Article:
Two of the candidates to be the next chair of the Local Government Association have promised to seize on the current chaos within central government to strengthen councils’ role.
Voting in the battle to replace Lord Porter as chair of the LGA opens tomorrow. As the Conservatives retained control of the LGA at the local elections the next chair will be chosen by Conservative councillors on a weighted voting system.
They will be asked to choose between Sevenoaks DC leader Peter Fleming, Hillingdon LBC deputy leader David Simmonds and Central Bedfordshire Council leader James Jamieson.
While current LGA deputy chair David Simmonds and LGA Conservative group lead James Jamieson had long been expected to stand Cllr Fleming was a late entry to the contest.
He told LGC he had only decided to stand two weeks ago.
“There is one real reason for me and that’s the huge opportunity that local government has at this moment in time that I don’t believe we’ll see again for a generation.
“This is an opportunity to set out a new deal, more than the finances, a fundamental shift in the way central and local government works.
“I have worked with both James and David for a long time. I think they would manage the organisation brilliantly, but would they lead us in a fundamental shift in the politics of this country?”
Cllr Fleming highlighted how mayors in the US serving a population of sixty or seventy thousand had as much power as England’s metro mayors covering populations of millions.
“That has got to change. Everything is coming together to say that we desperately need our towns and cities all over our country to be really set free post Brexit or not-Brexit, whatever it looks like.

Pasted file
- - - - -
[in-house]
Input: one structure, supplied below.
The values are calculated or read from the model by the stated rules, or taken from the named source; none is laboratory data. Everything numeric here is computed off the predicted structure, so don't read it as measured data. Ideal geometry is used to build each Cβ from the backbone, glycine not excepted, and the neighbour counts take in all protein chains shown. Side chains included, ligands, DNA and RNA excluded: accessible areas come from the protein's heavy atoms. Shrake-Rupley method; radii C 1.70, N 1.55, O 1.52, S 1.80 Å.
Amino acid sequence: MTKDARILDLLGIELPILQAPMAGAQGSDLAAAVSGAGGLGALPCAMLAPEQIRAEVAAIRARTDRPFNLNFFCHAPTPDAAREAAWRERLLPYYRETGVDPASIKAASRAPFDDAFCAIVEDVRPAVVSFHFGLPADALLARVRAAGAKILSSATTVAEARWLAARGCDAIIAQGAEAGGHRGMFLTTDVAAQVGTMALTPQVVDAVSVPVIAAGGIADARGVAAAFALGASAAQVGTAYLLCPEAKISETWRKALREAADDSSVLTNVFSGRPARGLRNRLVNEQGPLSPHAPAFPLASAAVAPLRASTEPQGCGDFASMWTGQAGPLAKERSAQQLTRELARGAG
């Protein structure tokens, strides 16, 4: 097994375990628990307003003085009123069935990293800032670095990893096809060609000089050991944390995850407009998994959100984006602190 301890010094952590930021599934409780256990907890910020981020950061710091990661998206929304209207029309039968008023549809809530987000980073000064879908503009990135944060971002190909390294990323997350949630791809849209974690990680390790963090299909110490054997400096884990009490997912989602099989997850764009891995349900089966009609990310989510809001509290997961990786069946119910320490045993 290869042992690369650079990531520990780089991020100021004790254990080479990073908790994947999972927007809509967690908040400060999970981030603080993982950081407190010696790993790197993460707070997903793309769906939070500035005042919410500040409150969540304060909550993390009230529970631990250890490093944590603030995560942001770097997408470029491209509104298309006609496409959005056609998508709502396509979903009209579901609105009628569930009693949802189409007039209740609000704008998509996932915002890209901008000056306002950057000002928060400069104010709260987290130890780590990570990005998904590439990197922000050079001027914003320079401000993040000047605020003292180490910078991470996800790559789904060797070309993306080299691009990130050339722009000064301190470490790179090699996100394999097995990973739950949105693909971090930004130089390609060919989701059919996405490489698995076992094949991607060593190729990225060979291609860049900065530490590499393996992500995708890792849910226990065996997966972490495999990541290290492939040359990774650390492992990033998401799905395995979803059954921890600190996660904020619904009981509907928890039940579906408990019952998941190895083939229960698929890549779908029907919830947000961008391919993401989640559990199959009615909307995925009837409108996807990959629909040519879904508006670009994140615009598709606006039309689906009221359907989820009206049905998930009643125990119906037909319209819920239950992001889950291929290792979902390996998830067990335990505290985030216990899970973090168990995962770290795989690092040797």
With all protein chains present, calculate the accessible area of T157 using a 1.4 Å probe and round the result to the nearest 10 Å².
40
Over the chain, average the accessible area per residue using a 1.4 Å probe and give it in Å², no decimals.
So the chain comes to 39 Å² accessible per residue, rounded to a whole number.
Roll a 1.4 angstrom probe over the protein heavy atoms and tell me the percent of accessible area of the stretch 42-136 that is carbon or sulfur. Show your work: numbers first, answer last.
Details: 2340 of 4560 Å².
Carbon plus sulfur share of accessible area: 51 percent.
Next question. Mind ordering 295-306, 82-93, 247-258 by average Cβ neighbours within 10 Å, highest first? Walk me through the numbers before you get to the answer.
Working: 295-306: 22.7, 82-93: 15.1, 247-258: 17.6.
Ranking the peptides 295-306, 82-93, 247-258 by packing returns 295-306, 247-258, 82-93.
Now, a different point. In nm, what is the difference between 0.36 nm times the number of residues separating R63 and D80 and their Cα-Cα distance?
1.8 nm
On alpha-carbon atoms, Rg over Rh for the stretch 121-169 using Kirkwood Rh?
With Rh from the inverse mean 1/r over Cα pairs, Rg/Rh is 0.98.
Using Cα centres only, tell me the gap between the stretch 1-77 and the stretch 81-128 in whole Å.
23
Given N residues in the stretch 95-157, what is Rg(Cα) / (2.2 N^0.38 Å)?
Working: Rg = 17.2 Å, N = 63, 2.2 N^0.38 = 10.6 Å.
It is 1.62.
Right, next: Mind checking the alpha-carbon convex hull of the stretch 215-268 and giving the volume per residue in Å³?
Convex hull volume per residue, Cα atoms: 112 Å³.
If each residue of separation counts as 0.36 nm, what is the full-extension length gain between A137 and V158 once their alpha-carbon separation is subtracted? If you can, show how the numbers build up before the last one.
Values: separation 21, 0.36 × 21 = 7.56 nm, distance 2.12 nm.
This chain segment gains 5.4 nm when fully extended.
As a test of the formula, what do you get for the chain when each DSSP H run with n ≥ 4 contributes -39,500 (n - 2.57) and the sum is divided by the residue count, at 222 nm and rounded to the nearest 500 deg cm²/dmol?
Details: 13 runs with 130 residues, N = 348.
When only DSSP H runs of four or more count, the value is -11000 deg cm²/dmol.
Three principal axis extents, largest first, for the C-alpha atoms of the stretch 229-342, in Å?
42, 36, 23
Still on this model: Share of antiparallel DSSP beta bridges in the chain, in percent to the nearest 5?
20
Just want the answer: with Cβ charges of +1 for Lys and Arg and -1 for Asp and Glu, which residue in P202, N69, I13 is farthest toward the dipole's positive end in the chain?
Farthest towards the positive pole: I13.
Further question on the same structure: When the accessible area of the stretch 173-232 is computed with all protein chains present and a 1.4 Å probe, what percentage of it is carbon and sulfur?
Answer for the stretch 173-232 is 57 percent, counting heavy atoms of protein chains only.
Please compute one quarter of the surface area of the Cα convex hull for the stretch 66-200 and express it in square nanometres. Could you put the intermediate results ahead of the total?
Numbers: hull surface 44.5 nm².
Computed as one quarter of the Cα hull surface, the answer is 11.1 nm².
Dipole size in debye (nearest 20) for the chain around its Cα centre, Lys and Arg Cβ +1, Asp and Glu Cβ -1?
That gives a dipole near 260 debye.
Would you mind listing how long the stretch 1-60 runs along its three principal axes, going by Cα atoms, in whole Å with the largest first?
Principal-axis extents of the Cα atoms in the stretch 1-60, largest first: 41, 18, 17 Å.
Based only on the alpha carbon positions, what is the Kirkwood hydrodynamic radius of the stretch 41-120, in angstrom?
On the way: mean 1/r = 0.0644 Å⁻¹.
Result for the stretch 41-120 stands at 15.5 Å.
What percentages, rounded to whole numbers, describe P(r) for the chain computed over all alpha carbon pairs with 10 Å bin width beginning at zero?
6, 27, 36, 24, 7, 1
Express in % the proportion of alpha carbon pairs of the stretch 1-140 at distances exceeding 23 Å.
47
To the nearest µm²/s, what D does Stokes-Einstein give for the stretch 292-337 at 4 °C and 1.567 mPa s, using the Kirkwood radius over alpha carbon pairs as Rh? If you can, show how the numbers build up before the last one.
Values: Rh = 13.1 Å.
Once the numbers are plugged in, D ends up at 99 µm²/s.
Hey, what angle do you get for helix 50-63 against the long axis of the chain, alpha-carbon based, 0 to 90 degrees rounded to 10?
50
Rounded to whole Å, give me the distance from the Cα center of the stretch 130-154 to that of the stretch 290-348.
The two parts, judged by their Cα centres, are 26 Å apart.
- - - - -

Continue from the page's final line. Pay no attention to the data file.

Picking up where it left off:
“Westminster can pull the levers as much as they want but they’re not really attached to anything.”
Cllr Simmonds told LGC as LGA chair he would deliver a “renewal of local government”. He stressed this did not mean reorganisation but councils “doing more things than they are at the moment”.
He said: “We are the people that keep the country running… The UK is already far too centralised even if it were not for Brexit. There’s a strong argument for local government doing more in areas like transport and health.”
He suggested local government could take a lead on coming up with a solution to the sustainability of social care while “national government is tied up in trade negotiations” with the EU and others and take a bigger role in overseeing schools including academies, something he said central government was currently struggling with.
Cllr Simmonds said he had a track record of being able to hold the different factions and political groupings within the LGA together and of winning arguments with government. He said recent successes included getting the government to recognise the financial implications of its proposed new domestic violence duty and ensuring funding for Syrian Resettlement Scheme.
“I’ve got a proven track record of being able to communicate positive messages about local government particularly when the national situation faces further chaos,” he said.
“When our reputation is positive we are in a stronger position to make the case for the resources we need.”
LGC asked Cllr Jamieson for an interview but he had not responded at time of going to press.
Councillors will also be voting on a number of other senior positions at the LGA. Warwickshire leader Izzi Seccombe is standing unopposed as Conservative group leader and LGA vice chair.
The leaders of South Norfolk and South Kesteven DCs, John Fuller and Kelham Cooke, are competing to be deputy group leader.